The Bank of England has removed restrictions on bank dividends and share buybacks imposed during the pandemic, judging the sector to be resilient enough to absorb any further Covid-19 shocks.
“Extraordinary guardrails on shareholder distributions are no longer necessary”, the BoE said in its latest financial stability report, published on Tuesday.
The central bank cited the results of recent stress tests and lower-than-expected loan losses. “The banking sector remains resilient . . . [and] has the capacity to continue to provide support” as the UK economy recovers from coronavirus.
The BoE’s decision follows those of the US Federal Reserve and the European Central Bank, which both relaxed their shareholder payout limits in recent months.
Shares of the large British banks affected — including Barclays, HSBC, Lloyds, NatWest and Standard Chartered — rose after the news, with the FTSE 350 banking index climbing 1.2 per cent.
Last April as the pandemic spread through Europe, the BoE pushed banks to suspend £7.5bn of dividends to preserve lending capacity and absorb potential losses. The BoE started to relax the restrictions in December, but maintained a limit on payouts to 25 per cent of quarterly profit and only allowed 2021 dividends to be accrued, not paid.
The decision to remove all restrictions will allow banks to announce increases to dividends when they report second-quarter earnings later this month. However, many analysts expect boards to behave cautiously as cases of the Delta variant continue to rise, with substantial increases postponed until 2022.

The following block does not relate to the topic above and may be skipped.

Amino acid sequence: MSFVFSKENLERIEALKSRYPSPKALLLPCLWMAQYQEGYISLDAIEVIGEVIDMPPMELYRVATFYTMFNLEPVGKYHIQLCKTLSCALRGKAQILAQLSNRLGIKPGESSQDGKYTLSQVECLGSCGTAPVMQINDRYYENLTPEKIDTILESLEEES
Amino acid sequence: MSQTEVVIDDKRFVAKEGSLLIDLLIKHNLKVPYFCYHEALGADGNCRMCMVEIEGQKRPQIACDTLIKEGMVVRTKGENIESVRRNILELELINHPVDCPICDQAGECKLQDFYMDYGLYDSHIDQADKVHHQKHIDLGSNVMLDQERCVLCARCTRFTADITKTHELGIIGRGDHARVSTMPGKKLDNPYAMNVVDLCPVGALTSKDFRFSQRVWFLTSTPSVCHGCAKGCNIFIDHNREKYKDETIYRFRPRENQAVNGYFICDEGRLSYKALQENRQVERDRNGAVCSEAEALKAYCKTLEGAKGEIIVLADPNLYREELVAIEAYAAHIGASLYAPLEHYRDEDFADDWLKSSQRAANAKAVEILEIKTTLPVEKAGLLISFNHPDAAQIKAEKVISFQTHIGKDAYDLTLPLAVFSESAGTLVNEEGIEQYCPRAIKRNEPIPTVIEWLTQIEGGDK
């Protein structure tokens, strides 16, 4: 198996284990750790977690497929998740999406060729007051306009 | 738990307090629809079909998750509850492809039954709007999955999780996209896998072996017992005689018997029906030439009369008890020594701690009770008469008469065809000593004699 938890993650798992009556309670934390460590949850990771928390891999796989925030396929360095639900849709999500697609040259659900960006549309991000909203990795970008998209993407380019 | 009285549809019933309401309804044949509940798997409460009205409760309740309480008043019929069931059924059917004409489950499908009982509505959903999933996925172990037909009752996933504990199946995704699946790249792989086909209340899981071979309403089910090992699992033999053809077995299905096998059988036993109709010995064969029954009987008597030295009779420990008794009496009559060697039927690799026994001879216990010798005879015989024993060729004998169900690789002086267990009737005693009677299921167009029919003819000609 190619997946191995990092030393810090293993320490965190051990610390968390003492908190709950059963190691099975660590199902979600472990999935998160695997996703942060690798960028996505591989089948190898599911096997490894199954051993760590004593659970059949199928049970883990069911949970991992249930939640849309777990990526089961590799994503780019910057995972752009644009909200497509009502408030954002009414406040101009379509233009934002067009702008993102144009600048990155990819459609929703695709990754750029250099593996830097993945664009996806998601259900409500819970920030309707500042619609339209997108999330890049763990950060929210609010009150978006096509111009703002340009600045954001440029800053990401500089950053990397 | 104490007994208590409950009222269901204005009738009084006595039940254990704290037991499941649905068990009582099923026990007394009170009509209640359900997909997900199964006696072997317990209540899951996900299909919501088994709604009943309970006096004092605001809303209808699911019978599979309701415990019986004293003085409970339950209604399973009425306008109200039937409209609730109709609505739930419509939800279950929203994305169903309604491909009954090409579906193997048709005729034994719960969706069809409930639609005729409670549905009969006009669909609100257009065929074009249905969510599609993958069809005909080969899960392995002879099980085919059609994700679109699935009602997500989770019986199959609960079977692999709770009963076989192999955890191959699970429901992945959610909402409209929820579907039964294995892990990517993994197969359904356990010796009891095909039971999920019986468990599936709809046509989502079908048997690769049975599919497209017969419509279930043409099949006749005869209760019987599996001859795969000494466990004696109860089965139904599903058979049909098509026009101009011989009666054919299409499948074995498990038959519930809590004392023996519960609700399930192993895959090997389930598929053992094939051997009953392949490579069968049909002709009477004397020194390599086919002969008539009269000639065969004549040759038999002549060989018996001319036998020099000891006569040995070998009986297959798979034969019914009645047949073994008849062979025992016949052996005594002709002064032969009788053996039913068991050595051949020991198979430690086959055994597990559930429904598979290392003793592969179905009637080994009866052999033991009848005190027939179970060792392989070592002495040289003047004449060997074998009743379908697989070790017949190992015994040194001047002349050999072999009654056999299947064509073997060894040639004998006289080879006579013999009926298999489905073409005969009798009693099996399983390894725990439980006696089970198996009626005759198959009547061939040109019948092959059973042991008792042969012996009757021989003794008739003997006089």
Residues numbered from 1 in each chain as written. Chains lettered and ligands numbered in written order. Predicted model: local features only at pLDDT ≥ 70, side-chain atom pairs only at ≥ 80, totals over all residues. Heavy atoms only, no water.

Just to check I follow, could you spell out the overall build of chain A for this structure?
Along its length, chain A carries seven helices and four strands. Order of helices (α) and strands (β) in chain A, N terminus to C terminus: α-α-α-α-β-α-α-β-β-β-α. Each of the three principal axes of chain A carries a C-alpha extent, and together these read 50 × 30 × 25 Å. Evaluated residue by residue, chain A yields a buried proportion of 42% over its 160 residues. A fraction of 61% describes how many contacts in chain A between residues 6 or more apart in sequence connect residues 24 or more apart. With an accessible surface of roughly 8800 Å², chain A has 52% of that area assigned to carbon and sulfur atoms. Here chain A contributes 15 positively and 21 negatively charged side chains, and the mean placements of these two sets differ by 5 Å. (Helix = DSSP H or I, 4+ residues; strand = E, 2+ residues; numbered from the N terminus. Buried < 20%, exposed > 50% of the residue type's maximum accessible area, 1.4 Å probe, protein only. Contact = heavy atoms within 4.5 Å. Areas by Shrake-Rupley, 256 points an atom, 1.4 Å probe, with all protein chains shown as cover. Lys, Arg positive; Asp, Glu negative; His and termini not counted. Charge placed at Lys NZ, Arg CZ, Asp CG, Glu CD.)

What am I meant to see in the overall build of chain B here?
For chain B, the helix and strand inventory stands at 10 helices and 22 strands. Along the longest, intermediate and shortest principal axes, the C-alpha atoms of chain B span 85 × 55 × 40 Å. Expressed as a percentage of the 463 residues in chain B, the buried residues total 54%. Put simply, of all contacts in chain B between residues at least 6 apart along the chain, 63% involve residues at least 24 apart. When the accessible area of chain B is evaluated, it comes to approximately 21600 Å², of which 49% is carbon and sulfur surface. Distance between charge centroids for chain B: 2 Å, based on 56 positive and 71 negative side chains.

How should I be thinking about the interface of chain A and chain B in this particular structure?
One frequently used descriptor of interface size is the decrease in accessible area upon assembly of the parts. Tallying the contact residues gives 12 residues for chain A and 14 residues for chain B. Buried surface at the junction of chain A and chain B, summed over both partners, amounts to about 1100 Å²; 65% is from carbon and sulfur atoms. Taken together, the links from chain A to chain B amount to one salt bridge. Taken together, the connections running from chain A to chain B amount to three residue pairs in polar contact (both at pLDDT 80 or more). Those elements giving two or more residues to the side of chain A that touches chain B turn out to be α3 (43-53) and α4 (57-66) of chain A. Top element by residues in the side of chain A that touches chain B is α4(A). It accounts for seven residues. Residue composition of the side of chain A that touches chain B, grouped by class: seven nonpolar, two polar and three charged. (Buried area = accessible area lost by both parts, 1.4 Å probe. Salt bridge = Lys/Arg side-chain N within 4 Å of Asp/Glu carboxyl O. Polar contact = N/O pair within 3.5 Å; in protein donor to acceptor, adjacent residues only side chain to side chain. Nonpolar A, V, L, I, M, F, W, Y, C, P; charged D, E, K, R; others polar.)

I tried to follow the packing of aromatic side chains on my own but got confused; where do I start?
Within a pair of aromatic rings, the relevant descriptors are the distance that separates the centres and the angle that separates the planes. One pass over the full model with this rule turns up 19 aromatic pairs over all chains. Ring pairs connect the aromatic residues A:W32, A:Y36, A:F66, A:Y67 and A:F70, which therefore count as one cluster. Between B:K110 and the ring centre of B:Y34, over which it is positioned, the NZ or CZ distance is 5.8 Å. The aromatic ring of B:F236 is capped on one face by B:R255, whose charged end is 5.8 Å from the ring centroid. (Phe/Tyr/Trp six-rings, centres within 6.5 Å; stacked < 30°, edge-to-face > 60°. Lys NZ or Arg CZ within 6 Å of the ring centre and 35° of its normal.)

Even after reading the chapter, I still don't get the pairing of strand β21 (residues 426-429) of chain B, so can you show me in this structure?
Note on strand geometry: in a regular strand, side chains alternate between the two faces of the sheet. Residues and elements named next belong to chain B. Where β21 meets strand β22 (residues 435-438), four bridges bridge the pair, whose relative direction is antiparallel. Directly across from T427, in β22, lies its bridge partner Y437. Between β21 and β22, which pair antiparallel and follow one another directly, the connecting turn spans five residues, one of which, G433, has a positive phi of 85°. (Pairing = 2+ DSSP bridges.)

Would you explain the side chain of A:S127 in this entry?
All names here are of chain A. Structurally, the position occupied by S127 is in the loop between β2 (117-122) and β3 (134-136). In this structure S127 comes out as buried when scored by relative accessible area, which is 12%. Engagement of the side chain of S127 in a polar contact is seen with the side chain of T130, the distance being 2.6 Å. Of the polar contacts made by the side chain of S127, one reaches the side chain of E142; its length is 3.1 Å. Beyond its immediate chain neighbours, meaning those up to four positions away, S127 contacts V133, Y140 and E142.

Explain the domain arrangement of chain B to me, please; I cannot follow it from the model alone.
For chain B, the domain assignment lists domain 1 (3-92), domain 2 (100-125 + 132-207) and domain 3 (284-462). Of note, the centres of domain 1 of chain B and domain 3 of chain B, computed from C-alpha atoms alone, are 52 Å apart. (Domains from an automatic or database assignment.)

The Financial Policy Committee added that while the rapid rollout of the UK’s vaccination programme has led to an improvement in the economic outlook, households and businesses will still need access to bank loans as and government coronavirus support measures are unwound.
“The FPC expects banks to use all elements of their capital buffers as necessary to support the economy through the recovery,” the BoE said in its twice yearly review of the health of the financial system.
“It is in banks’ collective interest to continue to support viable, productive businesses, rather than seek to defend capital ratios by cutting lending, which could have an adverse effect on the economy.”
To encourage banks, the FPC said that it will keep the so-called countercyclical capital buffer — a tool designed to make sure banks set aside sufficient capital during good times to ensure they can lend during crises — at 0 per cent until at least until December.
Separately, the report also noted “increased risk taking in global financial markets” and a surge in prices for high-yielding assets. It warned that asset valuations could “correct sharply if market participants re-evaluate the prospects for growth or inflation”, leading to interest rate rises.
While UK house price growth and market activity during the first half of the year were at the highest levels in a decade, the BoE said it was not yet a matter for concern. Households’ debt burden remains “significantly below” pre-financial crisis levels and debt servicing ratios are low.
The double-digit surge in house prices has been driven by a temporary cut to UK stamp duty, low interest rates, a build-up of savings during the pandemic and a desire by many to move to larger houses in anticipation of more flexible working arrangements in the future, according to the report.